Extrajudicial Killings and Absence of Accountability

    The government refused to investigate the conduct of its forces during military and police operations at the palace compound of the region’s cultural institution and other locations in Kasese, western Uganda from November 26 to 27, 2016. Over 100 civilians were killed including at least 15 children, in operations the government argued were required to curtail activities of the institution’s royal guards.

    In March, the police increased previous figures they claimed were inaccurate, stating the death toll was 103. Without credible independent investigations, the true death toll remains unknown. Witnesses report government-orchestrated efforts to silence them from speaking about the events on November 27.

    At least 180 people, including six children, face murder, treason, and terrorism charges, among other crimes, for the November violence, including deaths of 14 police. Charges remain pending.

    Government spokespeople argued Uganda “does not lack independent investigative capability”, but deflected calls for such investigations into the role of government forces in the killings of civilians in Kasese, arguing that there could not be interference as the matter was before a court and therefore sub-judice, or pending litigation. However, none of the ongoing prosecutions involve soldiers or police.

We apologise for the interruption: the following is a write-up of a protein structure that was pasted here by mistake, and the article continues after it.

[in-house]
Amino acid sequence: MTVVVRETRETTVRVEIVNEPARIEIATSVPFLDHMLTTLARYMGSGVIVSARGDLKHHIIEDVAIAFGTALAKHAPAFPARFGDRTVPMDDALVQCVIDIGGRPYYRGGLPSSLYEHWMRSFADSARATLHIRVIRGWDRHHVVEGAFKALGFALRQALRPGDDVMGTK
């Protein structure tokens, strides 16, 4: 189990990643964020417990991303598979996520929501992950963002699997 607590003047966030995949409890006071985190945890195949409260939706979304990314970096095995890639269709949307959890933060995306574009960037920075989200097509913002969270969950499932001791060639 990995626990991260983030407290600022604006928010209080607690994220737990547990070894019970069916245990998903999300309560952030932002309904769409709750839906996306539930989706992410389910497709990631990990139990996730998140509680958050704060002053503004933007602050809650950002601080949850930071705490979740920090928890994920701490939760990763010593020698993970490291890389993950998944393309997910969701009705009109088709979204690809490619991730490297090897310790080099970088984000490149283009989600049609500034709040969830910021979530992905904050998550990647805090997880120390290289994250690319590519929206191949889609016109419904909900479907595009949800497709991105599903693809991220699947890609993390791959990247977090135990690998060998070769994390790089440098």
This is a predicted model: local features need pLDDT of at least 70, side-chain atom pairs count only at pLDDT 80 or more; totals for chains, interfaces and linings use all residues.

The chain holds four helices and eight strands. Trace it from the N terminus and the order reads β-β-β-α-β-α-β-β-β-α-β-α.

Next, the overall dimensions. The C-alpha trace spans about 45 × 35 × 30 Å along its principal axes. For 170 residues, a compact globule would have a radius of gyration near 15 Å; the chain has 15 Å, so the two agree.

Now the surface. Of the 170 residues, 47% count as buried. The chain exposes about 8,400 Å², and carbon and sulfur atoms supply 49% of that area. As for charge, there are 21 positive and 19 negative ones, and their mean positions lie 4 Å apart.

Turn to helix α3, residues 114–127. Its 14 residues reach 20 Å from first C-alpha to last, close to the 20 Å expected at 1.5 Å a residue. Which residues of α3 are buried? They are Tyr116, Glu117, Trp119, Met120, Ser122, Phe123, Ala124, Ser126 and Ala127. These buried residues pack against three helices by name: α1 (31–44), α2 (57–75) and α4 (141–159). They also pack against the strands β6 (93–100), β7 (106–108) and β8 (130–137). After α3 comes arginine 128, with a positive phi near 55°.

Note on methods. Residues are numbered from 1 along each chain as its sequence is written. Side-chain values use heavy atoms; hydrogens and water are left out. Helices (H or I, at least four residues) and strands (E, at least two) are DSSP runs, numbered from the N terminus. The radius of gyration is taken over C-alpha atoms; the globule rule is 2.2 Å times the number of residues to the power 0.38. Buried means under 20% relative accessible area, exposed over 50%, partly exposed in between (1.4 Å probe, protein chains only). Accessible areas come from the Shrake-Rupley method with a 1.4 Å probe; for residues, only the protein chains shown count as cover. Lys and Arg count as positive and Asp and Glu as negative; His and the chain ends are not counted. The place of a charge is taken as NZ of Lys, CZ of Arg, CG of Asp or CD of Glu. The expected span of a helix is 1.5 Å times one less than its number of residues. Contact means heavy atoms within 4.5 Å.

Illegal Detention and Torture

    Police and prosecutors consistently failed to investigate cases of illegal detention and torture of suspects and did not charge a single security personnel under Uganda’s Prevention and Prohibition of Torture Act.

    Human Rights Watch and other organizations have documented numerous instances of mistreatment and torture, particularly in Nalufenya police post in Jinja, eastern Uganda over several years. Suspects are often held at the post for periods well beyond the 48 hours, permitted by law. Defendents arrested after the Kasese violence and detained in Nalufenya showed clear signs of mistreatment and torture during court hearings. The magistrate ordered an investigation, which remained pending at time of writing.